What She Reads

In celebration of Women's History Month the Sawyer Free Library asked a variety of local women to share their picks for books they love or have been inspired by that are written by fellow women. Click on a name to see their recommendations. 

Wuthering heights by Brontë, Emily
A long petal of the sea : a novel by Allende, Isabel
Detransition, baby : a novel by Peters, Torrey
The fifth season by Jemisin, N. K.
The golem and the jinni : a novel by Wecker, Helene.
A visit from the Goon Squad by Egan, Jennifer
My brilliant friend by Ferrante, Elena
The story of a new name by Ferrante, Elena
The story of the lost child by Ferrante, Elena
Those who leave and those who stay by Ferrante, Elena
The nightingale by Hannah, Kristin.
Station eleven : a novel by Mandel, Emily St. John
Bring up the bodies : a novel by Mantel, Hilary
The mirror & the light by Mantel, Hilary
Charming Billy by McDermott, Alice.
Child of my heart by McDermott, Alice.
Song of Solomon by Morrison, Toni.
Where the crawdads sing by Owens, Delia
Bel canto : a novel by Patchett, Ann.
The shipping news by Proulx, Annie.
The god of small things by Roy, Arundhati.
Major Pettigrew
The Joy Luck Club by Tan, Amy.
Persepolis by Satrapi, Marjane
Becoming by Obama, Michelle
Holy envy : finding God in the faith of others by Taylor, Barbara Brown
A room of one
Operating instructions : a journal of my son
My life so far by Fonda, Jane
Personal history by Graham, Katharine
The woman warrior : memoirs of a girlhood among ghosts by Kingston, Maxine Hong.
Traveling mercies : some thoughts on faith by Lamott, Anne.
Unbroken : a World War II story of survival, resilience, and redemption by Hillenbrand, Laura.
The house on Mango Street by Cisneros, Sandra.
Still Alice : a novel by Genova, Lisa.
Group : how one therapist and a circle of strangers saved my life by Tate, Christie
The dressmaker
Becoming Duchess Goldblatt by
Moomin. the complete Tove Jansson comic strip   Volume one : by Jansson, Tove.
Collected poems of Emily Dickinson by Dickinson, Emily
The collected poems of Lucille Clifton 1965-2010 by Clifton, Lucille
Little women by Alcott, Louisa May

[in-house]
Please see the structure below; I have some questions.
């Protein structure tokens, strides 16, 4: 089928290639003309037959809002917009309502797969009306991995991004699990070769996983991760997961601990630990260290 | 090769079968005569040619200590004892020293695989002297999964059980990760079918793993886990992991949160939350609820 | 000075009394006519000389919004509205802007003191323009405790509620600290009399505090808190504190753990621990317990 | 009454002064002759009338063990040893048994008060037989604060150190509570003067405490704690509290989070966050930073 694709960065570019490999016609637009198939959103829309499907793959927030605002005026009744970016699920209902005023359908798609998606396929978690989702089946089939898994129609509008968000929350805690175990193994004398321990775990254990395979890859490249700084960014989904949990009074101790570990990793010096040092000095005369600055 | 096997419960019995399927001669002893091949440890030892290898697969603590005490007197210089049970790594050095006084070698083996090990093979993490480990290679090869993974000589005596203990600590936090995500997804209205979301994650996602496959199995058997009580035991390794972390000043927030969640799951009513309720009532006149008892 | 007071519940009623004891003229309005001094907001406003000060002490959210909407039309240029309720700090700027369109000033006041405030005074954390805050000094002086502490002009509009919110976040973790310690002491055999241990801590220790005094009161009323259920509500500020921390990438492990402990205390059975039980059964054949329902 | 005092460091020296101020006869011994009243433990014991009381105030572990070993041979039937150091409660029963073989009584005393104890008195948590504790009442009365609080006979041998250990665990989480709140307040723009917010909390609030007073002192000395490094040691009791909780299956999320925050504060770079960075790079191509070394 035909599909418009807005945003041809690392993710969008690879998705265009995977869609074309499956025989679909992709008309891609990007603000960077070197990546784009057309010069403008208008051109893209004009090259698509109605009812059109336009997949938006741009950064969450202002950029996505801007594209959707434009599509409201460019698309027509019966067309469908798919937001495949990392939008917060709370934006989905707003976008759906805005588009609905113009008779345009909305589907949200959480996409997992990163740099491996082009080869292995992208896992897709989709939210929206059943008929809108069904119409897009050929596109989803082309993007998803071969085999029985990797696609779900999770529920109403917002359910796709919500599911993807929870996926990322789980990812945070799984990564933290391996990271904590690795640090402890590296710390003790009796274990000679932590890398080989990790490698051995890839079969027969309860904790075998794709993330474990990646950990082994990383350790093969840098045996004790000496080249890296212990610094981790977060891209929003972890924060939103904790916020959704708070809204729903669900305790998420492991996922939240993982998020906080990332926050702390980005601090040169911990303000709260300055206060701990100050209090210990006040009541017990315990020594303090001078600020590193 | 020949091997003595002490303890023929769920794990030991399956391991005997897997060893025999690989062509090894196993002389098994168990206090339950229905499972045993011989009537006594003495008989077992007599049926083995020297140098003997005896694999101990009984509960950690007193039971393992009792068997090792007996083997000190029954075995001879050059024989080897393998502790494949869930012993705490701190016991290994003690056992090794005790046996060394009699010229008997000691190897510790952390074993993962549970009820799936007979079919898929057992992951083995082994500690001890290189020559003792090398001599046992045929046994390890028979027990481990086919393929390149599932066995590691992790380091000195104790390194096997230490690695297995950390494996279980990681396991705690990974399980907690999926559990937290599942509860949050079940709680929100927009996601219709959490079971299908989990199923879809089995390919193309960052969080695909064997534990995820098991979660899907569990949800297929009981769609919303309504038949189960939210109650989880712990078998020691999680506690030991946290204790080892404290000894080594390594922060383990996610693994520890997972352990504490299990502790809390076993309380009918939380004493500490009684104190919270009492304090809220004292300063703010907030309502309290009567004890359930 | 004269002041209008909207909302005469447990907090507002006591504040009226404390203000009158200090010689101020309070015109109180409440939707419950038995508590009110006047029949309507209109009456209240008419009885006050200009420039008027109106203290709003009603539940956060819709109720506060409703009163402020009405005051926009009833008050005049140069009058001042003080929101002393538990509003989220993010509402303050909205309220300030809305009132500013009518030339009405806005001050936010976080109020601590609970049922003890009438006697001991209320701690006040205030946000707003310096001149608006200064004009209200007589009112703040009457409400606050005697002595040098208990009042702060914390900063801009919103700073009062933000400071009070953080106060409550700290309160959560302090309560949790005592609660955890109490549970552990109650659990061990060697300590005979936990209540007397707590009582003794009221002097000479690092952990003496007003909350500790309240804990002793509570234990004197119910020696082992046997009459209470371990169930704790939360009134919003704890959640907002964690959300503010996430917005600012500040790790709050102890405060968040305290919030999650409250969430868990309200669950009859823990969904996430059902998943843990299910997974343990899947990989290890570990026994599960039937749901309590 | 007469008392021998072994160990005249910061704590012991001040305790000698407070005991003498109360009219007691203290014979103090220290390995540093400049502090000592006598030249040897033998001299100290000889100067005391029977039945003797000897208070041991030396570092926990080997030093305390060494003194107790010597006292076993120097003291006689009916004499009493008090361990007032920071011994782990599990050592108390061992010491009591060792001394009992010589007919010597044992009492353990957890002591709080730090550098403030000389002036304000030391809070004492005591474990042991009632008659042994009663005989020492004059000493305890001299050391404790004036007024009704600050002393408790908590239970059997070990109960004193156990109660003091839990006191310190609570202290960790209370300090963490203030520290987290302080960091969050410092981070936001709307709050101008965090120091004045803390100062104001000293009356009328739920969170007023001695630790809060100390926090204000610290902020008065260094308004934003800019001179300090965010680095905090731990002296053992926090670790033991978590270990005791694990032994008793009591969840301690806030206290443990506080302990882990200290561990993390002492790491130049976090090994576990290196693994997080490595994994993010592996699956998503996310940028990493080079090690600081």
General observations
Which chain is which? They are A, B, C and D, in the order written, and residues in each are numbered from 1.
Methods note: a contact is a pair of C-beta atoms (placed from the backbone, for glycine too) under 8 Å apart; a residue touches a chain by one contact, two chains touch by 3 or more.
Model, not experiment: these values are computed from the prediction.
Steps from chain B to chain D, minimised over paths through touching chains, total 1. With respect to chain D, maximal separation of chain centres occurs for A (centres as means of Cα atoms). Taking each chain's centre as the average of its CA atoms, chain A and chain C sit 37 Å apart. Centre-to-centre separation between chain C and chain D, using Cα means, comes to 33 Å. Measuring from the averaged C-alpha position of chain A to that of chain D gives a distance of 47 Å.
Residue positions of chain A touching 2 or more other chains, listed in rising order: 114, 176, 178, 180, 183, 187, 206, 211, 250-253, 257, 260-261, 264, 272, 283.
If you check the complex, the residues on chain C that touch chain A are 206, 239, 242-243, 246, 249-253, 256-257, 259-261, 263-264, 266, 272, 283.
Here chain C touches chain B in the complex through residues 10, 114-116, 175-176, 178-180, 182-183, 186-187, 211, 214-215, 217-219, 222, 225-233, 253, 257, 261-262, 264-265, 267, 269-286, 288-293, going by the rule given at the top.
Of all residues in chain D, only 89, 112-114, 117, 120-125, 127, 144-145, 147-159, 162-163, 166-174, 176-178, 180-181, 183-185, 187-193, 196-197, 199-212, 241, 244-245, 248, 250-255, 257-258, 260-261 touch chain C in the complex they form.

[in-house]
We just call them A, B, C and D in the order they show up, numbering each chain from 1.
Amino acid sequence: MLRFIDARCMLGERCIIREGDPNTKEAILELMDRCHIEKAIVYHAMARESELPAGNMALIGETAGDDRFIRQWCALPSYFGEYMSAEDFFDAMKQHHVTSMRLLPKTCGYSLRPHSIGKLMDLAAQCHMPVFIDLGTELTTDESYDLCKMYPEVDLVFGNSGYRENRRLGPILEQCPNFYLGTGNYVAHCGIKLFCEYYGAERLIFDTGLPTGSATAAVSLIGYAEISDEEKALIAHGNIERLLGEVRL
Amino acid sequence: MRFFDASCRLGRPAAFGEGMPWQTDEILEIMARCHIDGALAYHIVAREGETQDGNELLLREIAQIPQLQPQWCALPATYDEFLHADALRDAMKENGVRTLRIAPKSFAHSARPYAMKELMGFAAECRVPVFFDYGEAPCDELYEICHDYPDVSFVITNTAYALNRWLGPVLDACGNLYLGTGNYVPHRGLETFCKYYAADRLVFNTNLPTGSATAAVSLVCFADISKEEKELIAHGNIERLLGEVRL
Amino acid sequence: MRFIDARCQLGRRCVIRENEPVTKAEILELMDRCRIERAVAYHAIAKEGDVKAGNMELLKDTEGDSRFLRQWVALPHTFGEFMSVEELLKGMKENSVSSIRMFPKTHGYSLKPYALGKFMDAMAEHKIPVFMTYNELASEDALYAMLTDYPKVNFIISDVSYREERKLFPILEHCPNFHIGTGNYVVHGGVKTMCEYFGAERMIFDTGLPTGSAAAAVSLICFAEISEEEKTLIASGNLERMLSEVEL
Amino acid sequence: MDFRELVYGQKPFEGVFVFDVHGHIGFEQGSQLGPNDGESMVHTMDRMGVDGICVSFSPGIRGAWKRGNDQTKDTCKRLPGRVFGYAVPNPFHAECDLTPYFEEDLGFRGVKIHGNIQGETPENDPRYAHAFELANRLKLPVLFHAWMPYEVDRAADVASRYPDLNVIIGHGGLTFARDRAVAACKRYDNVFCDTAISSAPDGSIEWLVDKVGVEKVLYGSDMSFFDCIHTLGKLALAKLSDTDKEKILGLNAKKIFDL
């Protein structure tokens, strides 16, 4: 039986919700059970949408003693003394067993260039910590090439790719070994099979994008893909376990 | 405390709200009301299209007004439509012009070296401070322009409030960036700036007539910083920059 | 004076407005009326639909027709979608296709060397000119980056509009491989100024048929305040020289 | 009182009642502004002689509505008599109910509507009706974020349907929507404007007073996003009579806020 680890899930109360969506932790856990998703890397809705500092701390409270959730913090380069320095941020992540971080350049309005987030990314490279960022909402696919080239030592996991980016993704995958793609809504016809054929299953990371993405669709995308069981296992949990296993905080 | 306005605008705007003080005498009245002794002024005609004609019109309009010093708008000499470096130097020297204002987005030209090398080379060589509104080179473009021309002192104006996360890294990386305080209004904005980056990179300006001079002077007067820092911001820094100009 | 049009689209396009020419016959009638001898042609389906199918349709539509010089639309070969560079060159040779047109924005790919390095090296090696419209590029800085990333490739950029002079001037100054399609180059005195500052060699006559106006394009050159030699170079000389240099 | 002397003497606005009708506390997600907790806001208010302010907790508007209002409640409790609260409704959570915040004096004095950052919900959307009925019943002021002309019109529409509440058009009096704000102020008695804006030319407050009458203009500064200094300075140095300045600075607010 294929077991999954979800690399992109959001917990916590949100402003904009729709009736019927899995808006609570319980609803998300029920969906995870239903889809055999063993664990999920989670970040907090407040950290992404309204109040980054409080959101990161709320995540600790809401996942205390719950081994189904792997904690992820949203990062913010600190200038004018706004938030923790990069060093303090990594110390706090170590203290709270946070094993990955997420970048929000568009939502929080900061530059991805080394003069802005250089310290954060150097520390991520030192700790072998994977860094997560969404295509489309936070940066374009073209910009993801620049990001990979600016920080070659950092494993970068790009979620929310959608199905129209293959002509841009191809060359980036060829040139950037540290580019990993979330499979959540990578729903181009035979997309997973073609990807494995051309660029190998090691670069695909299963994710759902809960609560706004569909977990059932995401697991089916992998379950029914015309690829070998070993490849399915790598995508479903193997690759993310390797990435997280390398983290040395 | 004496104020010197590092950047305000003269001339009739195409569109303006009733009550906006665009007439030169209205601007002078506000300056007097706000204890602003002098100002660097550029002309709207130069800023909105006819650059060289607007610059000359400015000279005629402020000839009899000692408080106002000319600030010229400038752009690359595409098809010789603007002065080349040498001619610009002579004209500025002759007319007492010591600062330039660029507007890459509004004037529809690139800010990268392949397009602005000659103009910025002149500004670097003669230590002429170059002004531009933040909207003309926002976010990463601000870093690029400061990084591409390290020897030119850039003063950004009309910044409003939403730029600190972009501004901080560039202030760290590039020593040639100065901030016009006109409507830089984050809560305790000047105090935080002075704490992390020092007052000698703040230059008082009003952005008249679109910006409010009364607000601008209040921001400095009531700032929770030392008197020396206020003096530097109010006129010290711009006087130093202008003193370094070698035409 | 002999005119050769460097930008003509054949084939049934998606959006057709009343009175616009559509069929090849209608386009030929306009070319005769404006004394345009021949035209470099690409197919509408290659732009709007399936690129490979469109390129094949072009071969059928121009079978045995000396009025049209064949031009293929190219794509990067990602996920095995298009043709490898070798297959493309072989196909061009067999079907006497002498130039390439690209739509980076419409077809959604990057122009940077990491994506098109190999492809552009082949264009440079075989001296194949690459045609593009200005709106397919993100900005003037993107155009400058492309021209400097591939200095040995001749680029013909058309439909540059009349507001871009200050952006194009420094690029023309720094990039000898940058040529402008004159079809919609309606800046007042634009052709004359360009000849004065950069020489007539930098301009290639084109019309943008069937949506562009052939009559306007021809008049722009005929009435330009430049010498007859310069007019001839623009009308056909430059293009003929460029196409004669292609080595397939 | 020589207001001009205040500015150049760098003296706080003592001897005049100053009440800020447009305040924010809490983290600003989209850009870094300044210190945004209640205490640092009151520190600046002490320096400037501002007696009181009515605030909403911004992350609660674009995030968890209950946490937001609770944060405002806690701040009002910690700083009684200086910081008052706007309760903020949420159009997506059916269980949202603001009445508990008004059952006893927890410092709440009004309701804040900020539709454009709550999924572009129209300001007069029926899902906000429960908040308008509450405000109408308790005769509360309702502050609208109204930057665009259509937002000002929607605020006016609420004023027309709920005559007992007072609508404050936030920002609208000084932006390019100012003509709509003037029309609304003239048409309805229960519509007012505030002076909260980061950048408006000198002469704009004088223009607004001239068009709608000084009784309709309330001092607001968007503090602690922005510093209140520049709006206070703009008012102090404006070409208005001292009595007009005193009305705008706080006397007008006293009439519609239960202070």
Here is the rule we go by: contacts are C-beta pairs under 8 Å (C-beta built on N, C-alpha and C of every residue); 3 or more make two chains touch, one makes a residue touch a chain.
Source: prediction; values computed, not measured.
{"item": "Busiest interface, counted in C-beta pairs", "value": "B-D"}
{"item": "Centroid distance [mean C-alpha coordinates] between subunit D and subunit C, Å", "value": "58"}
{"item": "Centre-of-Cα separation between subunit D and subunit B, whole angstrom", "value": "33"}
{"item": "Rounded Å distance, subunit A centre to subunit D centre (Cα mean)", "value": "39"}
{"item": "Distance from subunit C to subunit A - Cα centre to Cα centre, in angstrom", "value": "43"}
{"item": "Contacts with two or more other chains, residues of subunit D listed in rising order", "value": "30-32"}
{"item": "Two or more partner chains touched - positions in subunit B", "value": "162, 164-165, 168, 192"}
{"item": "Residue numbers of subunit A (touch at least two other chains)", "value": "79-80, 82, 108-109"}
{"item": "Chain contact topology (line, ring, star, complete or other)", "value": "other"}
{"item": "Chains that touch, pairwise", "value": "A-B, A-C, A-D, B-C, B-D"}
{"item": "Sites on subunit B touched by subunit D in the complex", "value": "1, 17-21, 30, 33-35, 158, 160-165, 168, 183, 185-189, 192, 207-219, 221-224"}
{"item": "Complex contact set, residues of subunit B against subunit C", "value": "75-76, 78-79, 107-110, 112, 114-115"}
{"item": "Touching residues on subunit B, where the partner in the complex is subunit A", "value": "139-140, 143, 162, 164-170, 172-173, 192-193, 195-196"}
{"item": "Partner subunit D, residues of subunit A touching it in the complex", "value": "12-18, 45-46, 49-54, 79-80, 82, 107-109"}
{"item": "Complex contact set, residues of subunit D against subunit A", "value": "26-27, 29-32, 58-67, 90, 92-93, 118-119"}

The secret garden by Burnett, Frances Hodgson
Miss Rumphius by Cooney, Barbara
Harry Potter and the sorcerer
Wide Sargasso Sea by Rhys, Jean.

Also, check out this list of books by women from around the world to celebrate International Women's Day. 

Jenny Benedict

Director - Sawyer Free Library

Between 2007 and 2015, the Truth and Reconciliation Commission of Canada heard from more than 6,500 witnesses about the Indian residential school system which removed 150,000 children from their own culture from the late 1890s up until 1996.  In 2015, the Commission released an extensive 6 volume report of its findings which documented the history and lasting impacts of the system on Indigenous students and their families, as well as “94 Calls to Action” to redress the legacy of residential schools and advance the process of Canadian reconciliation.

In 2017, West Vancouver Memorial Library, where I served as the Library Director, embarked on a multi-year, multi-faceted program, Honouring Reconciliation:  Hearing the Truth, designed to expand the community’s understanding of local Indigenous history, the impacts of colonialism and its ongoing effects on Indigenous Peoples. The Board and staff initiated the building of a new relationship with Indigenous Peoples based on trust and mutual respect, and focused on establishing a practice of reconciliation.

In the second year, the Library held a Reading Challenge, inviting the community to expand their awareness of the strength and resilience Indigenous peoples have shown in the face of intolerance, a lack of understanding and racism. The booklist for the Reading Challenge featured seventeen titles selected by Chief Robert Joseph of Reconciliation Canada which aimed to expose people to crucial texts for understanding and empathizing with Indigenous history and experience.

Seven Fallen Feathers by Tanya Talaga, forever changed my perceptions of Indigenous peoples, Canadians, racism, the police and justice systems, and human rights.  The book is a sweeping narrative of seven Indigenous high school students who died in Thunder Bay, Ontario over the span of eleven years between 2000 and 2011. The deeply personal stories crack open the systemic racism, poverty and powerlessness that contribute to the generational issues faced by Indigenous peoples.

While the stories are tragic and harrowing, they are told with a depth of compassion for all involved. They inspired me to delve more deeply into indigenous ways of knowing and the meaning of what it is to be “educated.” Most of all, the book galvanized my commitment to supporting Indigenous cultural revitalization.

Seven Fallen Feathers

by: Tanya Talaga

 

 

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